#HerVisionforTomorrow: Q&A with Dr. Mekala Krishnan

In celebration of the U.S. Chamber Foundation’s 11th Annual International Women’s Day Forum on March 5, we’re spotlighting inspiring women who are working to break barriers to pave a more equal, inclusive, and resilient future for women and girls around the world. Dr. Mekala Krishnan is a partner at the McKinsey Global Institute (MGI). In this role, she leads MGI’s research on gender economics, inclusive growth, and economic development.

Recent reports indicate that up to two million American women may quit their jobs over the next year due to the pressures of the pandemic, threatening the progress made in women’s empowerment. What can companies do to help reverse this setback? 

The COVID-19 crisis has profoundly altered the workplace. Employers know they must address workplace health and safety for all employees in addition to supporting mental-health needs and fostering connectivity and belonging in remote environments, all against the backdrop of women and other diverse employee populations dealing with unique experiences and inequities. For example, research has found that in recent months, 80 percent of workers leaving the workforce have been women. Our own research finds that mothers are 1.5 times more likely than fathers to be spending an extra three or more hours a day on housework and childcare—equivalent to 20 hours a week, or half a full-time job. They are also 1.5 times as likely to report suffering from mental health issues.

As employers look to respond, they will need to rethink the traditional approach to diversity, equity, and inclusion (DEI). Some areas for companies to think about include:

  • Sharpen the DEI priority: Put DEI on the agenda, with an empowered team. Set and track aspirations.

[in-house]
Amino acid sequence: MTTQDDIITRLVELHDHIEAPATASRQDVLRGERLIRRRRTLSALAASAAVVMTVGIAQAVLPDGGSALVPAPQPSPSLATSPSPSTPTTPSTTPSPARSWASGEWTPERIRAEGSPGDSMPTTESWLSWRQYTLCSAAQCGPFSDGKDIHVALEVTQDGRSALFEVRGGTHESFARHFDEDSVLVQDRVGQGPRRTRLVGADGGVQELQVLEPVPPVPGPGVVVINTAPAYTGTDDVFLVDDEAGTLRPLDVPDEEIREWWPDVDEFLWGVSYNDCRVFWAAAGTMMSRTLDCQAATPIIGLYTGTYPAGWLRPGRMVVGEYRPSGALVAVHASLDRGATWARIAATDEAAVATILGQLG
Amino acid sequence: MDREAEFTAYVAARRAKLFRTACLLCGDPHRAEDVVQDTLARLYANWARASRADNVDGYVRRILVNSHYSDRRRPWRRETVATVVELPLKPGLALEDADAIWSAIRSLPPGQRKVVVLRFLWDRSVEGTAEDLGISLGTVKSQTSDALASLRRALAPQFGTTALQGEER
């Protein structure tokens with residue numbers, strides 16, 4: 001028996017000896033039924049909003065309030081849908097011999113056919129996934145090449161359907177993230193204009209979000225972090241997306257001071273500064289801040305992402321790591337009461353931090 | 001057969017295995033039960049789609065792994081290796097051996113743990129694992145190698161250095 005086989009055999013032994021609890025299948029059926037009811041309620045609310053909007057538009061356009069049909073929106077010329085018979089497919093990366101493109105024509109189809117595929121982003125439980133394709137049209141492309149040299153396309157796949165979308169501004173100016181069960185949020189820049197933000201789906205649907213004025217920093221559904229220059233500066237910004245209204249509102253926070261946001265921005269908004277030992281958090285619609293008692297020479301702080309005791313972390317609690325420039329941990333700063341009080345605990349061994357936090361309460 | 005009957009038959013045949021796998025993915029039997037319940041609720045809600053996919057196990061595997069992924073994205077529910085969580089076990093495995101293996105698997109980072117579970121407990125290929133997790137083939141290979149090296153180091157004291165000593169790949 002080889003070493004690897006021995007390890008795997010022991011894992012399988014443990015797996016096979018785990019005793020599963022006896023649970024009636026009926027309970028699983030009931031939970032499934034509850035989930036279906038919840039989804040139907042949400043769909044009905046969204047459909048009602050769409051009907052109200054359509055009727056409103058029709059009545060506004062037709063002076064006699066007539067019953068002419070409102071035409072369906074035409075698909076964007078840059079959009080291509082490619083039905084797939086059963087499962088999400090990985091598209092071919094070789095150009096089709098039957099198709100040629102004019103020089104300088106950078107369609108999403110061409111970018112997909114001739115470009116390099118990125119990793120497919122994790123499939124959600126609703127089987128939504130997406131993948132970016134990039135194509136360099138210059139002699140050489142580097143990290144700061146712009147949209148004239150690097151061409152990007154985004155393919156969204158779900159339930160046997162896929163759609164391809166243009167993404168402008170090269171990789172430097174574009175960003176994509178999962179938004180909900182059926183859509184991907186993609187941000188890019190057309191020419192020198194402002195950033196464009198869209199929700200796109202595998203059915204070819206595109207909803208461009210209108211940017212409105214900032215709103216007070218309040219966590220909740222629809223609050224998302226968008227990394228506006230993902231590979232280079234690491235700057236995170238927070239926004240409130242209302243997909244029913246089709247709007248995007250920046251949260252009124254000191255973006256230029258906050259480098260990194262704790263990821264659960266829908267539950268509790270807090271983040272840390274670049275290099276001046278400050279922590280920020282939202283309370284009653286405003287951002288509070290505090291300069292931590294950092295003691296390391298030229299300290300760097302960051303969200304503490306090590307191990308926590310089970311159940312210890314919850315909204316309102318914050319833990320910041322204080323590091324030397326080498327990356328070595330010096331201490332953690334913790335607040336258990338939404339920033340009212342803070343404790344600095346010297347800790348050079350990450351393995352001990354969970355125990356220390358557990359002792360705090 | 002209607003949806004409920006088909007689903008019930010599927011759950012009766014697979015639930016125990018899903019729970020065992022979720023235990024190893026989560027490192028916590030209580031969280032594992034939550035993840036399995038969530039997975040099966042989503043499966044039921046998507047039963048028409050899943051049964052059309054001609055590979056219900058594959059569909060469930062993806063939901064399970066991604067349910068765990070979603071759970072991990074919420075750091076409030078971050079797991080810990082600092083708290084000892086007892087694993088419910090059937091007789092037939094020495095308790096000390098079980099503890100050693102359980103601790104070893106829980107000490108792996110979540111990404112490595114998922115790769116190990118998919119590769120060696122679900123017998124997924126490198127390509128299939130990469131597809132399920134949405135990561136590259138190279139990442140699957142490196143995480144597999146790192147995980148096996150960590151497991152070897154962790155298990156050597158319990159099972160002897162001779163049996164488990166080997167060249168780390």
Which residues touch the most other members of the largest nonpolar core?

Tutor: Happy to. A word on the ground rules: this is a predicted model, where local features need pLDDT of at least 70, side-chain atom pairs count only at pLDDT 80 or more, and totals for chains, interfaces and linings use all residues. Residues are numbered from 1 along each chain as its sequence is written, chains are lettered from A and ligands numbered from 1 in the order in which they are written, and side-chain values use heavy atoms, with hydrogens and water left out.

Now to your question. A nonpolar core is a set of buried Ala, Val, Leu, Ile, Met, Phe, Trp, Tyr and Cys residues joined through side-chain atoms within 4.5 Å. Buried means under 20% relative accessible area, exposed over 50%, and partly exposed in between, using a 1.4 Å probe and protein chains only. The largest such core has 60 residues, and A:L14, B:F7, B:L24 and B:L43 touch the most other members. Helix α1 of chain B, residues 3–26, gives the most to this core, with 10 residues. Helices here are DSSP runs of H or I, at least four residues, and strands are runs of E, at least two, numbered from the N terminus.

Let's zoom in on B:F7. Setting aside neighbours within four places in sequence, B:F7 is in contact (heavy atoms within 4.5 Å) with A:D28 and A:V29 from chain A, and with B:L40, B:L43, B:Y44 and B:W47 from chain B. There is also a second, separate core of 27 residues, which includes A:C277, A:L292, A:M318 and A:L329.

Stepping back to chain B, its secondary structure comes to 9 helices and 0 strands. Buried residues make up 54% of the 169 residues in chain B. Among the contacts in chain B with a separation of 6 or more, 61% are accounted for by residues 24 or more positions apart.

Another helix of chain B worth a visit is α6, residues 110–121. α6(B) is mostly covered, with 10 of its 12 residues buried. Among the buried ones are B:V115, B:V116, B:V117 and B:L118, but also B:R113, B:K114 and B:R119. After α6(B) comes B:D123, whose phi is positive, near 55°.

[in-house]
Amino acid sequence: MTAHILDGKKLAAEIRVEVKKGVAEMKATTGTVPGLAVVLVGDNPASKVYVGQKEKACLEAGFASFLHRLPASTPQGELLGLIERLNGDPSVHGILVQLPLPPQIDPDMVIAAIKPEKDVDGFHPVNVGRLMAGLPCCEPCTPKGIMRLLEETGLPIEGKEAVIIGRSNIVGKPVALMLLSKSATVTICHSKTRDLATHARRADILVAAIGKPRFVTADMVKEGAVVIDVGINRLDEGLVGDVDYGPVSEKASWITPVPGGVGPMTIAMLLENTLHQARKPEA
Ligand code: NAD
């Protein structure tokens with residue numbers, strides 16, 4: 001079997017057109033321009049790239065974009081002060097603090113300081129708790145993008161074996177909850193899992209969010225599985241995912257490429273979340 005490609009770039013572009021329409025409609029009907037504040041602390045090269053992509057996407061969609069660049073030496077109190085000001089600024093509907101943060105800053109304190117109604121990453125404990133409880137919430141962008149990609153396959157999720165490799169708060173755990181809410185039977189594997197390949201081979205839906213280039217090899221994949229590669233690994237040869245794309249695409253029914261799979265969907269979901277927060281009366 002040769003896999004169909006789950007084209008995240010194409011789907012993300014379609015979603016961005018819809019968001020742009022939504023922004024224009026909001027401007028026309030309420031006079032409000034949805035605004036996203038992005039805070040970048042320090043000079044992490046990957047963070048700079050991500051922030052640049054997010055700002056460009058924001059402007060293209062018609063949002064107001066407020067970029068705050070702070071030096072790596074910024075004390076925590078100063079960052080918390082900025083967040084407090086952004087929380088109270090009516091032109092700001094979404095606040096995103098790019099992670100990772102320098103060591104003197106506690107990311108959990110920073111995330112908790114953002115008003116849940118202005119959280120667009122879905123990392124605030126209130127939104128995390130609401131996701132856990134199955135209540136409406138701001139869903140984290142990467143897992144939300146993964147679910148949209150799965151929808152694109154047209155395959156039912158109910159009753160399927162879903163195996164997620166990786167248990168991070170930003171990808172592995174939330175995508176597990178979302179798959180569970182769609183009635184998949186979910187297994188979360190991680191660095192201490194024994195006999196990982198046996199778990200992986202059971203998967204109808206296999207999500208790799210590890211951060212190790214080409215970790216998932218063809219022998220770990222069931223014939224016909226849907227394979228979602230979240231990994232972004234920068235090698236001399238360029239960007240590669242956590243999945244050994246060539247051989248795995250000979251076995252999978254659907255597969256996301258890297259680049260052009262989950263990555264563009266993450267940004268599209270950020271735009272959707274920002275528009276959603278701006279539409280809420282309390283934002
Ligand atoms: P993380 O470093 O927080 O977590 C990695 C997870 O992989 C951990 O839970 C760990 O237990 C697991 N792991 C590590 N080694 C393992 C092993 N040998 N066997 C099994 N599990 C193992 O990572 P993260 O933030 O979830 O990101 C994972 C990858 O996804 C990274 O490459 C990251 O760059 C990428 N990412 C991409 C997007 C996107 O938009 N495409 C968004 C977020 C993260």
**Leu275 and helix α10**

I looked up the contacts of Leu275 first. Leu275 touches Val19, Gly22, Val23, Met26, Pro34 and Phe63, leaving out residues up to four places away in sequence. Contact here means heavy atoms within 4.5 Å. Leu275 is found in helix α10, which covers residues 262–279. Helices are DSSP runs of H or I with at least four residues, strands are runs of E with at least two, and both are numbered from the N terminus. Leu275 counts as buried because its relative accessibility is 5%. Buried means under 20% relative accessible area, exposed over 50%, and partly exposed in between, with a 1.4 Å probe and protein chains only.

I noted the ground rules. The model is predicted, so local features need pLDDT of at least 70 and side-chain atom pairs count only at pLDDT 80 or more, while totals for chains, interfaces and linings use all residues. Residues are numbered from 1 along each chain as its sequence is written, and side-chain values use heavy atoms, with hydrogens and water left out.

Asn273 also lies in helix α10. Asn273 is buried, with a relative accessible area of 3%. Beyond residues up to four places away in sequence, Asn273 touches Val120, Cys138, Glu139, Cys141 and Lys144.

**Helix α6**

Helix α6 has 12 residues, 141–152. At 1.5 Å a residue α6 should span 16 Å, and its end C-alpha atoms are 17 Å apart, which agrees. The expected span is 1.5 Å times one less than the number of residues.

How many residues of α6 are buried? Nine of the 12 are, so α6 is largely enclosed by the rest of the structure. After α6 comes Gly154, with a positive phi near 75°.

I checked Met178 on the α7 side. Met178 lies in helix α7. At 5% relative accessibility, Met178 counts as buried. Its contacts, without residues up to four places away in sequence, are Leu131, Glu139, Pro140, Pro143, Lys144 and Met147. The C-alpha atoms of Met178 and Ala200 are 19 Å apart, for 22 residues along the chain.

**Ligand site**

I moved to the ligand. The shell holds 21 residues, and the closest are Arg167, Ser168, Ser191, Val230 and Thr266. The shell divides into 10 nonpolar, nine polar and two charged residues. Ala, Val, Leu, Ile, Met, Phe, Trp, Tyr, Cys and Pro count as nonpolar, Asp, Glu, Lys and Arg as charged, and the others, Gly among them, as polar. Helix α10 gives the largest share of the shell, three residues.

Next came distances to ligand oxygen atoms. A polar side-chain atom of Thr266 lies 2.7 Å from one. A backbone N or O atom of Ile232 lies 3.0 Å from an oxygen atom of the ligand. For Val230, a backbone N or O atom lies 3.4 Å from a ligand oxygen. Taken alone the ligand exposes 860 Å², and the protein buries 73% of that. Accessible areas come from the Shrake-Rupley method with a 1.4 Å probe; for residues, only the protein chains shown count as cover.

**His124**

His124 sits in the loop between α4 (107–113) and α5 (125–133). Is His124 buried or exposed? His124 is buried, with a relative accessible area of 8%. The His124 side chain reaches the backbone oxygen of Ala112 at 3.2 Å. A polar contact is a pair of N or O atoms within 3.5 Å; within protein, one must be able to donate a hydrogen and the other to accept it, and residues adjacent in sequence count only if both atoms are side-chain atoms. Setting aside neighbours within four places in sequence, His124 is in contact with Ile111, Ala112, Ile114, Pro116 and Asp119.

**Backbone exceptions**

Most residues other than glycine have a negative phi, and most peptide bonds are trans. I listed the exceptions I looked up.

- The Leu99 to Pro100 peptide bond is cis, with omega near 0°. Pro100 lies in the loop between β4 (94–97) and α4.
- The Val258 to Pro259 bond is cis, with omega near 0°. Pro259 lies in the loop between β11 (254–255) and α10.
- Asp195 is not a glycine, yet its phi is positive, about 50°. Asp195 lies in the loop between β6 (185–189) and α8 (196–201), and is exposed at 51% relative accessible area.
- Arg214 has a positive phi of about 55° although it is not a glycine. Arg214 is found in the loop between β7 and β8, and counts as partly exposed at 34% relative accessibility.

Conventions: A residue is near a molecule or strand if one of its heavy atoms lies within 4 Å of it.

• Resist business as usual: Think about how your traditional focus areas may need to shift in light of the pandemic. For example, rethinking how performance reviews may need to be different in a remote-work set up.
  • Tackle new challenges: The imperative for mental health is clear across all employee groups, but particularly for women and LGBTQ+ employees. Companies need to think through the implications for their workforce and the role they can best play to support their employees. This could take many forms, ranging from provision of healthcare services and counseling support to manager training.
  • Rethink flexibility and boundaries: Addressing this may require companies to rethink expectations on worker productivity and performance, expand benefits like paid time off, and support employees in establishing boundaries between work and home life.
  • Leadership extends beyond your company walls: Our surveys suggest employees across countries expect businesses to have an external voice on DEI—ranging from committing to community and philanthropic endeavors to engaging with suppliers.
How has the pandemic presented opportunities to reimagine systems and help build more inclusive workplaces?

The pandemic has changed how we work, effectively overnight. In employee surveys we conducted with the Lean In Foundation, flexibility was a top challenge raised by employees in 2019. Fast forward to today, and we see a changed picture of how many employees work, with increasing prevalence of flexible and virtual work. In our surveys, we find that 69 percent of employees say remote work can provide the flexibility they need to have work/life balance, and 70% of employers say that remote work will help hire and retain more diverse employees. 

However, there are also challenges which will need to be managed: how to support a hybrid workforce, helping employees better create boundaries between work and their home life, and managing feelings of isolation and loss of connectivity, to name a few. 

What is your vision or hope for the future of women and girls’ empowerment around the world?

Our research suggests we are at a crossroads today. We estimate that, in a gender-regressive scenario in which no action is taken to counter negative effects on women, global GDP growth could be $1 trillion lower in 2030 than it would be if women’s unemployment simply tracked that of men in each sector. Conversely, taking action now to advance gender equality could be valuable, adding $13 trillion to global GDP in 2030 compared with the gender-regressive scenario. Now is the time for companies and leaders to seize the moment by providing needed support, and improve the lives and livelihoods of women globally.

Editor’s Note: Dr. Mekala Krishnan spoke on a panel, Action on Gender Equity, at the 11th Annual International Women’s Day Forum. Click here to view the session.